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Google's 'Project Dragonfly' censored search engine triggers protests

"Google should hold American values," one activist said. "It’s not just about money or business, it is about the values people carry in this country."

Human-rights activists planned to protest outside Google offices in 10 countries Friday to urge the company to scrap the censored search engine it developed for the Chinese market, which is codenamed "Project Dragonfly."

The Stop Google Censorship campaign comprises a coalition of groups representing communities that have faced persecution by the Chinese government, including Tibetans and Uighur Muslims.

They said gatherings were expected outside Google offices in the U.S., U.K., Canada, India, Mexico, Chile, Argentina, Sweden, Switzerland and Denmark to highlight how a censored search engine could be used to monitor the searches of individuals, censor activists and spread disinformation to the country’s residents.

“One of the huge concerns about Dragonfly is the fact that Google will be agreeing to share the data of individuals who make searches such as for the ‘Dalai Lama’ or ‘human rights’ or ‘democracy’ with the Chinese authorities,” said Mandie McKeown from the London-based International Tibet Network, which is coordinating the campaign. “This puts people in terrible jeopardy and danger of arrest, disappearance and torture — a whole wealth of human rights concerns — for simply carrying out a search for information.”

Rushan Abbas, director of Campaign for Uyghurs, is all-too familiar with the risks faced by some minorities in China. She says her sister Gulshan is one of up to a million Uighurs who have been detained and taken to internment camps, which the Chinese government characterizes as “re-education centers.”

“Google should hold American values and should condemn the request to develop a censored search engine," Abbas said. "They should not even consider it. It’s not just about money or business, it is about the values people carry in this country."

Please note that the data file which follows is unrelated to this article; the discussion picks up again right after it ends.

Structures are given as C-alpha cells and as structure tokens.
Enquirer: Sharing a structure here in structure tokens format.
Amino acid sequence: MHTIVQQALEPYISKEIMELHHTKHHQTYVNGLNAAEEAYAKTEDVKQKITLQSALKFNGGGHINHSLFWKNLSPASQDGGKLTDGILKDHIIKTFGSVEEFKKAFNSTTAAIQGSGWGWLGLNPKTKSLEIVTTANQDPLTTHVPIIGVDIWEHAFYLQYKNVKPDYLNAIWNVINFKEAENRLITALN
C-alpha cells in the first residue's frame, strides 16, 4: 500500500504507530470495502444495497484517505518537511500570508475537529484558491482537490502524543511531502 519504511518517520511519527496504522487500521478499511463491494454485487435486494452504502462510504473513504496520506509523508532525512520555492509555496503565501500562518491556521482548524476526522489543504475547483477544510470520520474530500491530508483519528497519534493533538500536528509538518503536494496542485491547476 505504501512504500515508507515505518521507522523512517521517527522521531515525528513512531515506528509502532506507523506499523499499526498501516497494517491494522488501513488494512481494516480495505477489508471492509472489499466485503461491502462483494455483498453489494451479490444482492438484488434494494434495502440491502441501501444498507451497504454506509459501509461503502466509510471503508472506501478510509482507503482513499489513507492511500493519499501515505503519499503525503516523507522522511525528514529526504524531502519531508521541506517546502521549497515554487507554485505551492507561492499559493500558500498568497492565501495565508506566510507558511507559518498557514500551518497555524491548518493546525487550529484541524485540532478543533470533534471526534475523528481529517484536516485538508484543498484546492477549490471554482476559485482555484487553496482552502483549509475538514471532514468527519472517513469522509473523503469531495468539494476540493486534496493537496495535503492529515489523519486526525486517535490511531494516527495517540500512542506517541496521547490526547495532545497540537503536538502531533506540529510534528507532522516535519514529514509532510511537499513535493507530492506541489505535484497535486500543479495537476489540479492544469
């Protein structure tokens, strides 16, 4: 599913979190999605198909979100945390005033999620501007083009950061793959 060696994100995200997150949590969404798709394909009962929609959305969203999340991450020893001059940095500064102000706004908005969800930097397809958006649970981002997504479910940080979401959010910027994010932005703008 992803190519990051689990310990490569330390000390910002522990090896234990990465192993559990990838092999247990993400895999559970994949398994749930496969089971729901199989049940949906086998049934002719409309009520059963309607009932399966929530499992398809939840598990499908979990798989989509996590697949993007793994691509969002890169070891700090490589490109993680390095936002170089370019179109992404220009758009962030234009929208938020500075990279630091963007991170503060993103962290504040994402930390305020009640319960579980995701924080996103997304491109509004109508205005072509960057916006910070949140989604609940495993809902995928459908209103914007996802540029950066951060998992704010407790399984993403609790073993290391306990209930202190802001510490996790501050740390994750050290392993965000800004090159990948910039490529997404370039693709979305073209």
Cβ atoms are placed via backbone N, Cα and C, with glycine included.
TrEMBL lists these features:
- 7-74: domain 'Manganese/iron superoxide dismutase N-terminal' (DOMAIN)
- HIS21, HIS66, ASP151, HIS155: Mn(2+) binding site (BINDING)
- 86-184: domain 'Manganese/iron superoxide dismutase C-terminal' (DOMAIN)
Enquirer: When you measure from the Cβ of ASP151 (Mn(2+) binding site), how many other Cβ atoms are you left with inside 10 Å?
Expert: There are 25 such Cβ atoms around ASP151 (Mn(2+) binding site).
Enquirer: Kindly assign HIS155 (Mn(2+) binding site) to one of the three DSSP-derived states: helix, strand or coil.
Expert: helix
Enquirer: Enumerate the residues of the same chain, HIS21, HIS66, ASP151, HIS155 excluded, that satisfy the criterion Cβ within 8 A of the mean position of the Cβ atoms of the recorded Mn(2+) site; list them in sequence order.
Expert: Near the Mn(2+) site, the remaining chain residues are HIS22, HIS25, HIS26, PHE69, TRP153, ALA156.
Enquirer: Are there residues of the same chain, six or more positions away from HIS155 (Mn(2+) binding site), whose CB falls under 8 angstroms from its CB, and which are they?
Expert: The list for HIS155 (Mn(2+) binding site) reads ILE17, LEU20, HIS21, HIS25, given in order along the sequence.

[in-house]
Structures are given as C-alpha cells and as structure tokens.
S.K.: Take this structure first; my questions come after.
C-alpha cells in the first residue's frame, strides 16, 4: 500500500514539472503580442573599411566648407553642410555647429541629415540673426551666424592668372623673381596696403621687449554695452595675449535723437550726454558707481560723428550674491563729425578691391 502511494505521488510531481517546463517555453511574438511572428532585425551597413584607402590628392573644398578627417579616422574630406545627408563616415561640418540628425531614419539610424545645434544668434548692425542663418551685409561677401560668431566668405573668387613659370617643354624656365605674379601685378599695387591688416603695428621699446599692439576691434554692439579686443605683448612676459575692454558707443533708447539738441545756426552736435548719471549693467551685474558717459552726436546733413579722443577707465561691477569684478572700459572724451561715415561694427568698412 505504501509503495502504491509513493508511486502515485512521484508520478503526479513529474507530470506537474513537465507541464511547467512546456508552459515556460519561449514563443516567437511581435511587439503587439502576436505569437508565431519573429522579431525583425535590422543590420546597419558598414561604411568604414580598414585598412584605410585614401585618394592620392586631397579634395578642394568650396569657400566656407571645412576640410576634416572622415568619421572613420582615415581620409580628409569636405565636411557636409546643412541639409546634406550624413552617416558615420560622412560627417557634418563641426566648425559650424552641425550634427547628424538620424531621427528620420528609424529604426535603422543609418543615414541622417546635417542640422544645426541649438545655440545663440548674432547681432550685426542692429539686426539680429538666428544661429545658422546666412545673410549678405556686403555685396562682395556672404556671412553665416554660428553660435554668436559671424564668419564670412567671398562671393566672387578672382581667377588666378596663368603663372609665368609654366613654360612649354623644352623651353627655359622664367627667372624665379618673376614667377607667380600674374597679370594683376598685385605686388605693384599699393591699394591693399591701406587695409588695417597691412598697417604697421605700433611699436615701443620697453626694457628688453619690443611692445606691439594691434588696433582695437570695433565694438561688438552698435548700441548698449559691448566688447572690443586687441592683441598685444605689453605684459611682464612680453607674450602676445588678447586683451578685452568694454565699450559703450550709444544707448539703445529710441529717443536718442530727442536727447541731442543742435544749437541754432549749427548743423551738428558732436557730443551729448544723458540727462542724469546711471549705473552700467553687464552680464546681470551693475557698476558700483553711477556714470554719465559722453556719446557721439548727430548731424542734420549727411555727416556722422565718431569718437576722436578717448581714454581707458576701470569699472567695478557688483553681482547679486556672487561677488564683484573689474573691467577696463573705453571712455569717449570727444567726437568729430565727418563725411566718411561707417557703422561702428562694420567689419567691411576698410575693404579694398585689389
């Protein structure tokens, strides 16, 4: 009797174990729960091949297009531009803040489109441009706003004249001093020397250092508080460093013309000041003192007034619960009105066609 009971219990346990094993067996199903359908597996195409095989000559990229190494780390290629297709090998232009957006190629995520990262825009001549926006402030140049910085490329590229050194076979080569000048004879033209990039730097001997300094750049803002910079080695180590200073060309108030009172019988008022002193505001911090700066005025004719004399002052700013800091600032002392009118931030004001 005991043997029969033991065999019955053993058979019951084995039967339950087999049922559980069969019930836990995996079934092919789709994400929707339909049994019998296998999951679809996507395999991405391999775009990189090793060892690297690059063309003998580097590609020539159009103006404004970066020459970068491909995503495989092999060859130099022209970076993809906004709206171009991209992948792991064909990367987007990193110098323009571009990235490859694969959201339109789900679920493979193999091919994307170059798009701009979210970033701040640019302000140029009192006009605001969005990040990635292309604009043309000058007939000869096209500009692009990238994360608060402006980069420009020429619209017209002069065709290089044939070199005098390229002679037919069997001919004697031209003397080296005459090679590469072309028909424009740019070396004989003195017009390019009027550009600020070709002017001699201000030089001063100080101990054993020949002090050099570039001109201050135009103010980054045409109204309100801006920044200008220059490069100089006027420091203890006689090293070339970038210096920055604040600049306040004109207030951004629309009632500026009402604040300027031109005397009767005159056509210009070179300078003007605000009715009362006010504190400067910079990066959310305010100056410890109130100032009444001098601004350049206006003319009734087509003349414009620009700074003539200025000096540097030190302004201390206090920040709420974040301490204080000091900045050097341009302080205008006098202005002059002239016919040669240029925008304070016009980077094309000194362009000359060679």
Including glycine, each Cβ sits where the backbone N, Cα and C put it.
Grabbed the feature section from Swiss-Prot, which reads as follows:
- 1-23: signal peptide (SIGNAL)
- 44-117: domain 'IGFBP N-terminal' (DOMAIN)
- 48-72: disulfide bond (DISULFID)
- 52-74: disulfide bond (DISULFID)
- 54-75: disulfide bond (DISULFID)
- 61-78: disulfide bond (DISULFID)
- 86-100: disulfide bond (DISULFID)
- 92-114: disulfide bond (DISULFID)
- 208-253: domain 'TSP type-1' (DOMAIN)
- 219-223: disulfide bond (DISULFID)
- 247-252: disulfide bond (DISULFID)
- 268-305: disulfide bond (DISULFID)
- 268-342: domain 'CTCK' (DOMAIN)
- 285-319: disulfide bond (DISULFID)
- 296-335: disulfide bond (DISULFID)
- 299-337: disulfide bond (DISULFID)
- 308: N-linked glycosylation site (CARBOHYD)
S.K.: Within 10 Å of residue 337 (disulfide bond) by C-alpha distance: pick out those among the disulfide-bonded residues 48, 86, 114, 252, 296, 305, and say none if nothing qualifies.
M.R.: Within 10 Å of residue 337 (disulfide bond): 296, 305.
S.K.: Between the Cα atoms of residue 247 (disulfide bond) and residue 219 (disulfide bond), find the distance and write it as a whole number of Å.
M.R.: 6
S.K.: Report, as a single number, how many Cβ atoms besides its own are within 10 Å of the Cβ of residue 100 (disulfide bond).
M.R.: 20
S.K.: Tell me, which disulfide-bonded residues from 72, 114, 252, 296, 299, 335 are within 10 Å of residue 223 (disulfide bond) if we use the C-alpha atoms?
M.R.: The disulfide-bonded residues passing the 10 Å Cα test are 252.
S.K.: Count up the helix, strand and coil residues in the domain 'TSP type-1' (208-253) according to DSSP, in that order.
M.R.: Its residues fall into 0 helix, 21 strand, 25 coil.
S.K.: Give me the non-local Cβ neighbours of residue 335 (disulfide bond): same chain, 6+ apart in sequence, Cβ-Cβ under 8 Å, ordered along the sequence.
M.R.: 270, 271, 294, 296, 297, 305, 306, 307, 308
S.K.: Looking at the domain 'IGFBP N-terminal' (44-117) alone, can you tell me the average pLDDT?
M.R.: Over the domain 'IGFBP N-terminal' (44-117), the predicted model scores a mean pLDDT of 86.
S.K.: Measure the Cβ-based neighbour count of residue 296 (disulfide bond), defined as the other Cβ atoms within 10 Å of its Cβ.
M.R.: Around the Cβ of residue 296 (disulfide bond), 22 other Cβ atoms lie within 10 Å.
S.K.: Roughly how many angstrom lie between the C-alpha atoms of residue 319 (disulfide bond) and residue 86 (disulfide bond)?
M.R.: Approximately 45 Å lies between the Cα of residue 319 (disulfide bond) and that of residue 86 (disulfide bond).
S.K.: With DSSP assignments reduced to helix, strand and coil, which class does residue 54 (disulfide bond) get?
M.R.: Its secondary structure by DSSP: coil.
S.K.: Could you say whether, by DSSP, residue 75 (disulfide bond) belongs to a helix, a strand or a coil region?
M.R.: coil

The human-rights groups have links with workers inside the company, who have been protesting Project Dragonfly under the "Googlers Against Dragonfly" banner since details of the secretive project became public in a report by The Intercept last August.

The campaign builds on an effort spearheaded by Amnesty International in November year, calling for Google to #DropDragonfly.

Friday’s protest is aims to encourage Google employees to pressure the company’s management to issue a more definitive statement about the status of Dragonfly.

The Intercept has reported the project “effectively ended” last month, but Google has not confirmed this.

In December, Google’s CEO Sundar Pichai appeared before Congress, where he stated that there were no plans to launch the search engine “right now” but he refused to rule it out in the future.

“We are calling on Sundar Pichai to make a much stronger statement about DragonFly. He’s been very evasive and we know from Google employees that it’s a bit early to call victory,” said Sondhya Gupta from campaign group SumofUs, which seeks to curb the power of corporations.

Google did not respond to a request for comment.